SPRING/SUMMER SEASON at Greenwich Theatre
Updated: 2 days ago
Live performance is back! And the highlight of Greenwich Theatre’s season is a quadruple bill of brilliant short plays by living legend Caryl Churchill, whose dramas have lit up this country’s cultural life for more than half a century.
The four works – tagged Bad Nights And Odd Days - will feature Withnail And I film star Paul McGann (pictured above in rehearsal with co-star Kerrie Taylor) who is making a welcome return to Greenwich Theatre following his memorable 2017 turn as a Nazi officer in the Guernsey-set play Gabriel.
All four were written early in Churchill’s career. Abortive investigates the harrowing consequences of rape, Three More Sleepless Nights turns the spotlight on to the everyday tensions of relationships, Seagulls is an allegory about losing the ability to write and Not Not Not Not Not Enough Oxygen contemplates a future of ecological and economic ruin.
The show is directed by James Haddrell, who in March staged a fabulous online version of Churchill’s caustic satire The After-Dinner Joke.
He said: “This collection of intimate, quietly heart-stopping dramas will offer a powerful, moving evening of live theatre - the kind of evening we have all been missing so much.”
Bad Nights And Odd Days opens on June 23 and then runs Tuesday-Saturday evenings till July 10 with matinees every Saturday. Current social-distancing rules will apply.
Before that, a long-delayed visit by writer-performer Tayo Aluko comes in mid-June with a pair of shows about pioneering black campaigners.
On the 12th, Call Mr Robeson traces the career of the amazing Ol’ Man River singer, actor, political activist and civil rights pioneer Paul Robeson from global fame as a Hollywood idol to being branded a traitor during the McCarthy witch-hunts.
And the following day Aluko presents Just An Ordinary Lawyer, his tribute to Nigerian-born barrister, musician and cricket-lover Tunji Sowande who in 1978 became Britain’s first black judge.
While Bad Nights And Odd Days is playing on the main stage, Greenwich Theatre’s intimate studio space will be hosting shows throughout July.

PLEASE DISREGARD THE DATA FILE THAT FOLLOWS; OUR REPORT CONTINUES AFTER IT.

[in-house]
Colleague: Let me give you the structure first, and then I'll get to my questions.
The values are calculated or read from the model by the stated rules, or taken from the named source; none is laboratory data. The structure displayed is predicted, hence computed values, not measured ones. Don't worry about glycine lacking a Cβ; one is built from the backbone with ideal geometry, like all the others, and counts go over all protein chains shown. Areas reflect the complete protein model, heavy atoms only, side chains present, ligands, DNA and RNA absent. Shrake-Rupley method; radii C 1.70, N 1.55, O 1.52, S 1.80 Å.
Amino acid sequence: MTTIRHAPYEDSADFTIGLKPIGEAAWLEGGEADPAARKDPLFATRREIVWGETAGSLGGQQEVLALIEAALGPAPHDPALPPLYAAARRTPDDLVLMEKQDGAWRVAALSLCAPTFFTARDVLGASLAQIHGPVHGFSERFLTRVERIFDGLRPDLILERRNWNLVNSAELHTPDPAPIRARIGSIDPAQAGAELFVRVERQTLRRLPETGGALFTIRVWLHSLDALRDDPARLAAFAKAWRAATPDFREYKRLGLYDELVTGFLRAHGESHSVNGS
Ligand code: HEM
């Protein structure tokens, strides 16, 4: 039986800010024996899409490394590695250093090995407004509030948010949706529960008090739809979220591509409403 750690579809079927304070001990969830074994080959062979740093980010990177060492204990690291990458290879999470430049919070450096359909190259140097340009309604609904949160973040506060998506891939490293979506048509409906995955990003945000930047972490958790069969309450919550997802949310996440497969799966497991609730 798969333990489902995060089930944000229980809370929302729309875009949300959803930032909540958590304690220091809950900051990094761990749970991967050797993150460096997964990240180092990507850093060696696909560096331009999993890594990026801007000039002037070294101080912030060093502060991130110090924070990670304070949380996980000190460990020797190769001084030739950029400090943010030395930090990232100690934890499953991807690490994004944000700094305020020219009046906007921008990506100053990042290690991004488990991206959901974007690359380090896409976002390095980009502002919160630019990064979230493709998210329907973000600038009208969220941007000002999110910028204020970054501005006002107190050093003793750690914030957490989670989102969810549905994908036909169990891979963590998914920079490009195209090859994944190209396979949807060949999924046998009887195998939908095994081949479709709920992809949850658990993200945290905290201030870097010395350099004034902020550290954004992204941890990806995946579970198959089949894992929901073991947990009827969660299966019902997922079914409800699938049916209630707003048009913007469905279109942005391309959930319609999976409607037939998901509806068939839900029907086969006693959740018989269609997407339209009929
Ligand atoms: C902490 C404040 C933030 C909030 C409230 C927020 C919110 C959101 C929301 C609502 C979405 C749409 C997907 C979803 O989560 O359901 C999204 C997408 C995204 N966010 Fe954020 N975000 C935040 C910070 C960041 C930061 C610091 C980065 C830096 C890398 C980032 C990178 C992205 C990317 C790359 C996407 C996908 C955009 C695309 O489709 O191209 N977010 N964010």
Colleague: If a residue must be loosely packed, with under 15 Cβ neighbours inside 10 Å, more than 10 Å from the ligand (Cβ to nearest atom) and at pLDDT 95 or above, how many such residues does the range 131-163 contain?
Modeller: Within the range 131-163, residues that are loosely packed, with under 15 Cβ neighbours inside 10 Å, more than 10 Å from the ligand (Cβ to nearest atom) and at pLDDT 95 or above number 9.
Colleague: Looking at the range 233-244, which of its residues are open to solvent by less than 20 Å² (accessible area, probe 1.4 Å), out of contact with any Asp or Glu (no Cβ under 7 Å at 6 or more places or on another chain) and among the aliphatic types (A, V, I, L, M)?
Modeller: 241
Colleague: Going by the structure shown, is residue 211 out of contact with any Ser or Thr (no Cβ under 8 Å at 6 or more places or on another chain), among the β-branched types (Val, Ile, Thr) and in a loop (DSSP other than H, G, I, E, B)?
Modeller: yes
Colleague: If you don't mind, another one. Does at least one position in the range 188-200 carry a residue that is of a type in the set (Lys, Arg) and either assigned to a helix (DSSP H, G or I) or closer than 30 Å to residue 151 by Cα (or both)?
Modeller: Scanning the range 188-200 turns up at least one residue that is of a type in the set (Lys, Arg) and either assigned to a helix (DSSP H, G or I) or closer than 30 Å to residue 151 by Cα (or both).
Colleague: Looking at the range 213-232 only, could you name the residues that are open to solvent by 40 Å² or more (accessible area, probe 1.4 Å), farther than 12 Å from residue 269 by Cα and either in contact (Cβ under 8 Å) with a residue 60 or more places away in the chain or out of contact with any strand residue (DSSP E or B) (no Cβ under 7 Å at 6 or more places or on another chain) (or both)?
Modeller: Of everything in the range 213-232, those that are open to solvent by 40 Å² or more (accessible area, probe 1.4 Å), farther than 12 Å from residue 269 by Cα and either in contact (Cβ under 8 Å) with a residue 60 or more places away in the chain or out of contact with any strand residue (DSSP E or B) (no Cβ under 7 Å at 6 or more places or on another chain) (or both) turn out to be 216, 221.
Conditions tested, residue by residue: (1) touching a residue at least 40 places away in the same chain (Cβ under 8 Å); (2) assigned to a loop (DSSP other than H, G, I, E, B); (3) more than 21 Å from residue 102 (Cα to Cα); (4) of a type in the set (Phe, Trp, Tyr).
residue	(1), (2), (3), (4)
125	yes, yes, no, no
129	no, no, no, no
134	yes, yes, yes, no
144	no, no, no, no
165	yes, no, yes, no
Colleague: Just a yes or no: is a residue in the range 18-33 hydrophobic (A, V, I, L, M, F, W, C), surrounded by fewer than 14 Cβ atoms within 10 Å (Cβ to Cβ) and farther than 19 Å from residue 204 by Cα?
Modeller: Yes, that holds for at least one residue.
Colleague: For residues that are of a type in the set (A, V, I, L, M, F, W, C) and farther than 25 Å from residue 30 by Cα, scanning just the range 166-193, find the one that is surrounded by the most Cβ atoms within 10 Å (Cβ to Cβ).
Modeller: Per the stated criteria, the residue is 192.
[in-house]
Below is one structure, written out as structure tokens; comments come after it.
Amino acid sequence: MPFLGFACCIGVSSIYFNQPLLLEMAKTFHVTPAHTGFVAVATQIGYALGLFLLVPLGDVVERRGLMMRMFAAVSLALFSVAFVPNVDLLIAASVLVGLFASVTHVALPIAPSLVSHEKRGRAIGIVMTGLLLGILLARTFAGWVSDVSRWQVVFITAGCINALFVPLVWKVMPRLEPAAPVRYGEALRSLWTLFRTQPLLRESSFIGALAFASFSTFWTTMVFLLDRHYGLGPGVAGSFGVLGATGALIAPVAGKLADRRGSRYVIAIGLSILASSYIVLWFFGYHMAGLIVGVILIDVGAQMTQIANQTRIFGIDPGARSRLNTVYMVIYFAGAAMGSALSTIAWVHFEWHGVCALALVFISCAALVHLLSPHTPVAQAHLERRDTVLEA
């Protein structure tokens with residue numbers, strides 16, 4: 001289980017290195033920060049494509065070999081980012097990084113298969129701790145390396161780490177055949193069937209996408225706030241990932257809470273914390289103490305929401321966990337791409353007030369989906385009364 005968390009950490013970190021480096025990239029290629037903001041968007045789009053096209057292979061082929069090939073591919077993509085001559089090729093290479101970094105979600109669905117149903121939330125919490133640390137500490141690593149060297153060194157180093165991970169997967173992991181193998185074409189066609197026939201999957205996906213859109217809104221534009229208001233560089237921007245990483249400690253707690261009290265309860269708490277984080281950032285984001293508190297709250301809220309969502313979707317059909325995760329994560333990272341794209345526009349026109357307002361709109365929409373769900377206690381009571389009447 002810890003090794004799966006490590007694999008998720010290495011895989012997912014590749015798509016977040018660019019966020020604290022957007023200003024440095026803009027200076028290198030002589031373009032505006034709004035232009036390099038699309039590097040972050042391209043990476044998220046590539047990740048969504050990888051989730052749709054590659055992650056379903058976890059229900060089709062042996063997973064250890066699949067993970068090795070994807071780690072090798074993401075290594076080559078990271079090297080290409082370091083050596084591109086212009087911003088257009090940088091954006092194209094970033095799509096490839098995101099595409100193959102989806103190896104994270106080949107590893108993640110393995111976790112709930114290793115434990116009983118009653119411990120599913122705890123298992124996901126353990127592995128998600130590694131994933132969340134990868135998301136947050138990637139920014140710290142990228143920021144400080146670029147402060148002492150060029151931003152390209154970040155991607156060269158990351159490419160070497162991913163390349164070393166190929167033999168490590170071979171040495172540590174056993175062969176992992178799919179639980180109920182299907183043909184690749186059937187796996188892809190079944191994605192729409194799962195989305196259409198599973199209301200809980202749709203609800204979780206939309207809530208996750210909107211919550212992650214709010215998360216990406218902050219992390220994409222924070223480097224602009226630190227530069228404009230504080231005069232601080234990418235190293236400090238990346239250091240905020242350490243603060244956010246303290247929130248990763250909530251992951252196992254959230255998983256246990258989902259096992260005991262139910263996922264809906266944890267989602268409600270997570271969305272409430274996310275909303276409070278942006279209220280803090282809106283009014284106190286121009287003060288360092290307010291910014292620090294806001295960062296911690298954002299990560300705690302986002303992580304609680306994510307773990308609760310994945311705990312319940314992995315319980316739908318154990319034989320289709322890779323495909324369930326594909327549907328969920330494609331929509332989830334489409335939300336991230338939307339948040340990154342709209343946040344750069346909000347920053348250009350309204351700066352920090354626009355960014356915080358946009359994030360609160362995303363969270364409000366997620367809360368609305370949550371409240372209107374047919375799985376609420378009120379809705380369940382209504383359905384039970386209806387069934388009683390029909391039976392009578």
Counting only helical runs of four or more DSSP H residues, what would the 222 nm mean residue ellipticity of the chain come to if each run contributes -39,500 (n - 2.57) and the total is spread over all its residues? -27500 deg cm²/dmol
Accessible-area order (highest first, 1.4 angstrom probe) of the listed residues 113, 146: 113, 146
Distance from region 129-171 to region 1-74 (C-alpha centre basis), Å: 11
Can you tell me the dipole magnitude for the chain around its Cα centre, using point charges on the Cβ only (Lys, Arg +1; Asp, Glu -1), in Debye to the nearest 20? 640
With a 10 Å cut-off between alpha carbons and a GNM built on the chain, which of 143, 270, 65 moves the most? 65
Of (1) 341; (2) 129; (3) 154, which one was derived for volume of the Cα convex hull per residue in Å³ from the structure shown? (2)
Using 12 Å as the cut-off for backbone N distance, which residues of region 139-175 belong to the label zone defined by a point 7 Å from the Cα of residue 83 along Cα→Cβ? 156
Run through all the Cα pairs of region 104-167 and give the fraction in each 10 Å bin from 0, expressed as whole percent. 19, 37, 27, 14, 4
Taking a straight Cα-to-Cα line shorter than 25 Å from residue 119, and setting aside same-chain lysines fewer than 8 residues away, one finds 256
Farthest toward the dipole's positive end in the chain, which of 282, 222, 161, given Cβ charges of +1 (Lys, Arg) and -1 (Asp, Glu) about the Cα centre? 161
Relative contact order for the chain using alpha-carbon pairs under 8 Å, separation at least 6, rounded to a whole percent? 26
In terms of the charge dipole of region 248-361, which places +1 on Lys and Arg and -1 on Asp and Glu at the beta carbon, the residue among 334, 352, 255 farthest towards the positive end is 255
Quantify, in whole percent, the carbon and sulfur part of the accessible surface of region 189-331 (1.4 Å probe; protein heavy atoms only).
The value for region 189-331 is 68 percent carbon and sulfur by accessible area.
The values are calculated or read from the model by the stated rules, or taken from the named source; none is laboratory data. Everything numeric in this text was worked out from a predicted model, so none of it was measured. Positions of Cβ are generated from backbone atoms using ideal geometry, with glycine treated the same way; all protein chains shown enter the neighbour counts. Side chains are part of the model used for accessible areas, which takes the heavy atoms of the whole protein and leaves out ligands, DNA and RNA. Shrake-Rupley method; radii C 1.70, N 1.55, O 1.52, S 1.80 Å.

On the 4th, award-winning company Clown Funeral stage A Pattern Of Bad Behaviour, described as a twisted comedy about what happens after two strangers meet in a car park and go for dinner.
Clown Funeral return on the 9th with The Runner, a work-in-progress about the darker side of running.
Comedy Club 4 Kids welcomes a string of top comics offering good clean fun for all the family at 11am on the 10th.
That evening – and the following one - the same space will be given over to Quentin Crisp: Naked Hope, writer-performer Mark Farrelly’s study of two contrasting periods of the gay icon’s life: loneliness in 1960s London and triumph in 1990s New York.
Back in the main auditorium, Steve Richards returns to Greenwich on July 18 with the latest edition of his Rock’n’Roll Politics. With so much Tory sleaze in the news at the moment, it promises rich pickings.
The school holidays are given over to two family shows in rep, both directed by Haddrell and both featuring legendary panto star Anthony Spargo. From August 5 to September 5 The Wolves Of Willoughby Chase – already an online Christmas hit – gets a hugely-deserved live run, alternating with Anthony Clark’s adaptation of the classic fairytale Pinocchio. It’s a must-see pairing for kids of all ages.
Full details of all the shows and all the latest lockdown advice is available at www.greenwichtheatre.org.uk
Picture: Lidia Crisafulli